Goodbye, Ozzie. We love you xx

Today we had to say goodbye and let our brave bunny boy go ? We adopted Ozzie when he was 2 1/2, and he lived to 10 years old. He was found wandering the streets with terribly overgrown teeth, skin and bones because he couldn’t eat properly. He had all his front teeth removed and lived happily from thereon in. He shared our house with us, and after his friend Moppy passed away in 2014, he developed a friendship with our semi longhair cat Pudding. He really loved snuggling with Puds when we had a fire on, and enjoyed sunny days running free in the garden. He was feisty and funny and such a big character – he’d been through so much but had so much courage. We were blessed to have such a lovely boy in our lives and will miss him so much.

It’s going to take a while to get used to no bunnies, not seeing and greeting Ozzie when I come in the door, not saying goodbye to him when I leave the house and checking he has everything he needs. I’ll miss him running in circuits around my legs when I get up in the morning, as he waits for his breakfast to be served. I’ll miss seeking out dandelions in the garden for him, and his head nodding upwards, as I give him a cheeky bit of micronised pea as a treat. I’ll miss cutting up his carrots or apple in the evenings and watching in satisfaction as he tucks into his bedtime treat. Miss him lazing in the sunshine or stretched out blissfully in front of the fire in winter. I’ll miss tickling his head and hearing him snore and snooze. I’ll miss coming across him hopping through the kitchen on an exploration. Good God I’ll miss that droopy lower lip.

Rest in peace Ozzie, we love you xxx

Getting ready for Christmas… without presents

Christmas at the Smallest Smallholding

Even though it’s still 10C outside and not a snowflake in sight, we’re getting ready for Christmas. But this year, my side of the family decided that we are going to eschew the traditional gift-giving element. The more I think about it, the more I think it is a great idea.

Although I absolutely love love love giving gifts (and will try to whenever I can), at 32 I feel so utterly jaded by the constant “buy! buy! buy!” demands everywhere I turn, from Hallowe’en until December 24th. It feels like everything is just tuned in to make you part with your cash, and you’re made to feel that your Christmas will never be complete unless you’ve bought this, that and the other. Maybe I was more oblivious, but as a child in the 80s I don’t remember it being this intense. I didn’t feel like Christmas was so only about gluttony, extravagance and spending. Christmas has become a commercially-fuelled holiday, and has been for a long time. So saying a quiet “no” to a little consumerism will allow us to just enjoy some relaxed family time when Christmas Day comes along.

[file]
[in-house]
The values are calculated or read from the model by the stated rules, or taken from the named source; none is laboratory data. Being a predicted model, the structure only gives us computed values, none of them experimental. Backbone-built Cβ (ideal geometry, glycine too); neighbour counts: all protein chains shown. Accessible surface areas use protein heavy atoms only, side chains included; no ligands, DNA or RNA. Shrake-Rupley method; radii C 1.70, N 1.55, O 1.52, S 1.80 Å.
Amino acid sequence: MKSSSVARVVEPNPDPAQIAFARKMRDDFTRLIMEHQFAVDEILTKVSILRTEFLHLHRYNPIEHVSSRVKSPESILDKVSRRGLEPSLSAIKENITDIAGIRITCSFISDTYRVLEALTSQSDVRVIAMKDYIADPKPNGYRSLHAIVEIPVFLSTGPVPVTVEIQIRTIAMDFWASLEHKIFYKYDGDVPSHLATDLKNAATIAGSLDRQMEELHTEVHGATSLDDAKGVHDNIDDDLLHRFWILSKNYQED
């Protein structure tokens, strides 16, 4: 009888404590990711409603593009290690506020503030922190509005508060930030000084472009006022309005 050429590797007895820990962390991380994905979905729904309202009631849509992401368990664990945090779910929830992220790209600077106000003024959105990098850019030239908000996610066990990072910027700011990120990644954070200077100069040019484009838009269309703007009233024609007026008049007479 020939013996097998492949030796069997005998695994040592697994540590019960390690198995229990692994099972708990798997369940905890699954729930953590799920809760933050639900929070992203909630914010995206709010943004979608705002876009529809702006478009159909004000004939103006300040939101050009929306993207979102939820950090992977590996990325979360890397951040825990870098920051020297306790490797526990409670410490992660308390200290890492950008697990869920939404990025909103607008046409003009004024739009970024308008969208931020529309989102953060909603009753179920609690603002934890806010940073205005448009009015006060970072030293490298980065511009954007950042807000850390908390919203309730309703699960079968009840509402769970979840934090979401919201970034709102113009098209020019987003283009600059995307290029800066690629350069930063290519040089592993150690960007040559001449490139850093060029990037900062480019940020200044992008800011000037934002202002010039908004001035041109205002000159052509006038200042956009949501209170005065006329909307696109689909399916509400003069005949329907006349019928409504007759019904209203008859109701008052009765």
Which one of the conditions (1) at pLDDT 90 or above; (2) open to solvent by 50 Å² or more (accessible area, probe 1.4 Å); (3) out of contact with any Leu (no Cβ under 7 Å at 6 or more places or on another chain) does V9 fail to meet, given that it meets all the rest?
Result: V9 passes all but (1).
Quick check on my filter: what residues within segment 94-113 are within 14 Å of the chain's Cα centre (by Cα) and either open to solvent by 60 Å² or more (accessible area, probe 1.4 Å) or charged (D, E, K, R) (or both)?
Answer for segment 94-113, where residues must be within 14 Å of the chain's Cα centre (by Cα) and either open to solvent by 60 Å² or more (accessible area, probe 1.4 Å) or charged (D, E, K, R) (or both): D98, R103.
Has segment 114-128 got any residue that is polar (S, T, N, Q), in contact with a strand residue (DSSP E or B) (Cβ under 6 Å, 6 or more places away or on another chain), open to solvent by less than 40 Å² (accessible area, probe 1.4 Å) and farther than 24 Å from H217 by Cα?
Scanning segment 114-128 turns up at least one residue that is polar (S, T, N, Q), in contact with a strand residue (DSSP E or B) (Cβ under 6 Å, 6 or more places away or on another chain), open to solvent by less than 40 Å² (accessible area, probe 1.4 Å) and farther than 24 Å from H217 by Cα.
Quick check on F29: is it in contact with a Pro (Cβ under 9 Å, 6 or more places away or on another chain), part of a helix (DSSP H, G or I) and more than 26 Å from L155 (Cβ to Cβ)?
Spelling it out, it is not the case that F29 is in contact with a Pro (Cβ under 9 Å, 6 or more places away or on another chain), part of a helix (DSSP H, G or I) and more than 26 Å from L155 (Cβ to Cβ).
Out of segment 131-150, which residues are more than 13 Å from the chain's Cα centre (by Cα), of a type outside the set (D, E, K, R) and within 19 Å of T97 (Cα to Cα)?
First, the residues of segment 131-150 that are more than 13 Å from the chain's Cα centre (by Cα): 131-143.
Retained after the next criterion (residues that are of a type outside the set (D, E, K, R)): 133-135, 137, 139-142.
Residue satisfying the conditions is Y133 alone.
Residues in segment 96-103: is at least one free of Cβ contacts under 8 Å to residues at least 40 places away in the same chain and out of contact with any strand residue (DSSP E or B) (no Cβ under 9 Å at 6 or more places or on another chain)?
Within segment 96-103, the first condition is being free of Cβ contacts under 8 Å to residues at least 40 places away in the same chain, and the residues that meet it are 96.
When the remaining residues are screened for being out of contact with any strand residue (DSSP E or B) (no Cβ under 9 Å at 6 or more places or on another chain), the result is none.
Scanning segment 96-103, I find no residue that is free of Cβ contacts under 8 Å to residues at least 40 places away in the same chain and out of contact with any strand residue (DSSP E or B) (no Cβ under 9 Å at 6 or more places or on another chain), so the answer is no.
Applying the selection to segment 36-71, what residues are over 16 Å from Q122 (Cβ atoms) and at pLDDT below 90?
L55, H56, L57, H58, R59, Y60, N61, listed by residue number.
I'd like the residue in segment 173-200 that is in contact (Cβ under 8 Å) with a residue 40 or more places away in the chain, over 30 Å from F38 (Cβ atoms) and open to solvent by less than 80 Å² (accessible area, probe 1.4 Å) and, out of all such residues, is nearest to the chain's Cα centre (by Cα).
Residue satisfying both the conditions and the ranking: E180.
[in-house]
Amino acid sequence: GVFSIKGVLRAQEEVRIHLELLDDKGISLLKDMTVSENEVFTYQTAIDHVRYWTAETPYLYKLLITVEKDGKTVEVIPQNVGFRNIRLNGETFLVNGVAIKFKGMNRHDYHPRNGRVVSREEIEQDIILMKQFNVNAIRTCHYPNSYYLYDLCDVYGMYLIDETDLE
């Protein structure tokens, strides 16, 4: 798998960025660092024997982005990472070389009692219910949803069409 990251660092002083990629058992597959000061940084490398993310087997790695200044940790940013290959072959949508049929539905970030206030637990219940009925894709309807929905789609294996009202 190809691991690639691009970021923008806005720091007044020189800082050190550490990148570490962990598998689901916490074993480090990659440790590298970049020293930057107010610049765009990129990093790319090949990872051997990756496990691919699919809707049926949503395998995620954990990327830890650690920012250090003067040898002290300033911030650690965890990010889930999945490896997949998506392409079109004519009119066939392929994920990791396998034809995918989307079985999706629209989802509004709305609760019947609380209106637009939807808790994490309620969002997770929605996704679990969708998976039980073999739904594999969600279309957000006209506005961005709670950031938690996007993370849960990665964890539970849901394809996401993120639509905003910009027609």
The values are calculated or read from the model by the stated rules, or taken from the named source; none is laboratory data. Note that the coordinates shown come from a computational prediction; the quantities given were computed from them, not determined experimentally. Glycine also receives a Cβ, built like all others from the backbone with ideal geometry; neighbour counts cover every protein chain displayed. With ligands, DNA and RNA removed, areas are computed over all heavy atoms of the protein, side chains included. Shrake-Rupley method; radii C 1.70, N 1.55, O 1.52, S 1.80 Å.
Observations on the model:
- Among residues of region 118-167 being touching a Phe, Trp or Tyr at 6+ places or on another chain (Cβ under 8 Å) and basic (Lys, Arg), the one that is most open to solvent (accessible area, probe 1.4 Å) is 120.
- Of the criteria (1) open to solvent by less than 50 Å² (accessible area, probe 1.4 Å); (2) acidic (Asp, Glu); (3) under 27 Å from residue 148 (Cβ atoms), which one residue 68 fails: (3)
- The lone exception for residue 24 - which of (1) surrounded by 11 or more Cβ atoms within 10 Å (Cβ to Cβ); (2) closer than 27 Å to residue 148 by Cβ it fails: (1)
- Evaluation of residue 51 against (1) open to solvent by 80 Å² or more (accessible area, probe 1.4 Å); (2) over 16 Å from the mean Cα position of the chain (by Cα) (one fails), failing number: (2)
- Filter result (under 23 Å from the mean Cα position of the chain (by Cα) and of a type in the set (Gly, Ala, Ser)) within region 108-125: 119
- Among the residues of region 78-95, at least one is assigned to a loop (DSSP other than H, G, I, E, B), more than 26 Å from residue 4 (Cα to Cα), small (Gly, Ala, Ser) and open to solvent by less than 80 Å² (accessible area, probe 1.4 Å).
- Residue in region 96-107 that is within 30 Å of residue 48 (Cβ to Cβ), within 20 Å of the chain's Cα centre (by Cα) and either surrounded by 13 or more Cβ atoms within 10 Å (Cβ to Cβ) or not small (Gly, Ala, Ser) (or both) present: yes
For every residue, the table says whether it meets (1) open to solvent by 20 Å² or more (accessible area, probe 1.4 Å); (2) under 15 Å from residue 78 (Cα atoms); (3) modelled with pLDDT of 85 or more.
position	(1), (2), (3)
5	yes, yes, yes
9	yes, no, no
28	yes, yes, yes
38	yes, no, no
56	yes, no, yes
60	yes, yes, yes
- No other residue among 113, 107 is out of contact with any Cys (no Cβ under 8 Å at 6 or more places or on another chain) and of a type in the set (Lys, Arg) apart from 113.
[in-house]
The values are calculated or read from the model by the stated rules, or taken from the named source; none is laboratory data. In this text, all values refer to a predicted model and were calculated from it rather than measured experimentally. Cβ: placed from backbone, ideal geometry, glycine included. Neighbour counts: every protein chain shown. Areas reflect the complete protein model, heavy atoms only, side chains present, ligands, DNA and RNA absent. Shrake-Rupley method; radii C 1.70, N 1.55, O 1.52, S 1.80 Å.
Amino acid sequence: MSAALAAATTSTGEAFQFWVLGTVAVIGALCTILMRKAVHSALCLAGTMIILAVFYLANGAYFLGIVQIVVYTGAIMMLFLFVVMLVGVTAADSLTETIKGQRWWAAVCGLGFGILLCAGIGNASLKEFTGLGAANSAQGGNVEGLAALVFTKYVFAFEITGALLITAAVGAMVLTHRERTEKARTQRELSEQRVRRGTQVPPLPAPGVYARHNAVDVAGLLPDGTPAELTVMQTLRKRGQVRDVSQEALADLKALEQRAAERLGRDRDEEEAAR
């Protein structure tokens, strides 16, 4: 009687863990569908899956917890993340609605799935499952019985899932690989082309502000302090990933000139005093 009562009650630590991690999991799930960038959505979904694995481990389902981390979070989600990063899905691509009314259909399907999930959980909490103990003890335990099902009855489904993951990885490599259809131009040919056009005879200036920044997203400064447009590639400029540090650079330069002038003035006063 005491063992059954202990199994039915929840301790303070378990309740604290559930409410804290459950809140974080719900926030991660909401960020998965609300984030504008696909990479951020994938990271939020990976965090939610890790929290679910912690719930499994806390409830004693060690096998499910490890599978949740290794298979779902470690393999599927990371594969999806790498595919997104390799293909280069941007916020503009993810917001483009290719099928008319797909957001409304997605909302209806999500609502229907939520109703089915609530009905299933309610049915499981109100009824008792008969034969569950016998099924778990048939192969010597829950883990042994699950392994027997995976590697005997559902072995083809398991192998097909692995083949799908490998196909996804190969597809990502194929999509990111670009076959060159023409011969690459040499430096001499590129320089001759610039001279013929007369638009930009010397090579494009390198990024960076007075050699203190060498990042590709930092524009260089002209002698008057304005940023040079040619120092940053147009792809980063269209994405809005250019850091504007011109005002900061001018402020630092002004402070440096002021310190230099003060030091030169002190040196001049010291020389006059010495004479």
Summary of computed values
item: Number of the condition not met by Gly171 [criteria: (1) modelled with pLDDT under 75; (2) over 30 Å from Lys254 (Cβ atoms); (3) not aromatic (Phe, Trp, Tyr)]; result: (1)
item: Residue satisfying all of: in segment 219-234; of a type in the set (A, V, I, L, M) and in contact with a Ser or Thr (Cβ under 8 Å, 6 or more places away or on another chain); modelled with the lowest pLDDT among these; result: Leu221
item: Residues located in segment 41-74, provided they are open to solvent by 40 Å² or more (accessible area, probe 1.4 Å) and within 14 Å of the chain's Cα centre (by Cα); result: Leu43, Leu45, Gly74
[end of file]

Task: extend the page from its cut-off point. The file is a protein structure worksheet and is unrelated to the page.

The Smallest Smallholding Christmas 2015 with Ozzy

Of course I am still more than happy to buy gifts for other family and friends, I do enjoy it… especially now that shopping online means I can avoid the crowds! But I am really tuning out from the non-stop commercialism of it all, and have found myself turning to hygge as my inspiration this year. Yesterday Rich brought the Christmas tree in and I got out our decades-old jumble of tree ornaments out – some inherited from my grandmother, some we bought when we got our first tree together in our early twenties – and we slung lots of lights up. Our living room might still be half renovated after I was forced to stop due to pretty severe tennis elbow, but in my mind it’s still cosy and homely. With the fire going and the animals chilling around us, I felt so warm and comfortable. I wish I had at least a month off to myself to just reset, relax and enjoy life a bit more.



Goodbye my beautiful bunny

Moppy passed away suddenly last Friday evening, after a really short illness. I didn’t even see her before she went, and didn’t get a chance to say goodbye.

Maybe it’s for the best, so I can remember her as she was.

Moppy lived with a condition that’s only really being diagnosed and recognised recently. Our vet is writing a paper on the condition and Moppy was one of her first patients to have it. Moppy would suffer with ileus (gut stasis) as a result of her condition up to four times a year. It was hard, but she always pulled through after a week or so to bounce back as good as ever. And we made sure she had a wonderful life. She played in our garden amongst the trees, flowers and vegetables when the weather was good. When it was bad, she had the run of our house downstairs. She was never left in a hutch alone for one day of her 6 and a half years. She was so loved.

That’s what’s helped me come to terms with losing my little ball of fluff. She was a wonderful character and only in the past 6 weeks or so had bonded (after four years) with our bunny boy Ozzy. They would sit together, she would groom him, they were peaceful and content. I do miss seeing them just relaxing with each other, but Ozzy seems to be getting on OK so far. He was a street bunny, rescued by the RSPCA and is tougher than he looks. He still has us around (Rich works from home every day and I am only away one or two days a week), still charges at the cats at every opportunity and when the weather is good, he will still go out and play in the garden (and check out Miffy next door).

I cried so much in the two or three days after Moppy died… just the horrible feeling that she won’t just come hopping round to the corner, or binky around my veg patches again. My animals are my family, you see. It’s easy to be sad about it, but the fact that she was so loved and cared for, and that we gave her the best we could helps me to try and just be thankful that she had a good life, when for her it could have been so different.

We miss you Moppy, my beautiful bunny. Rest in peace x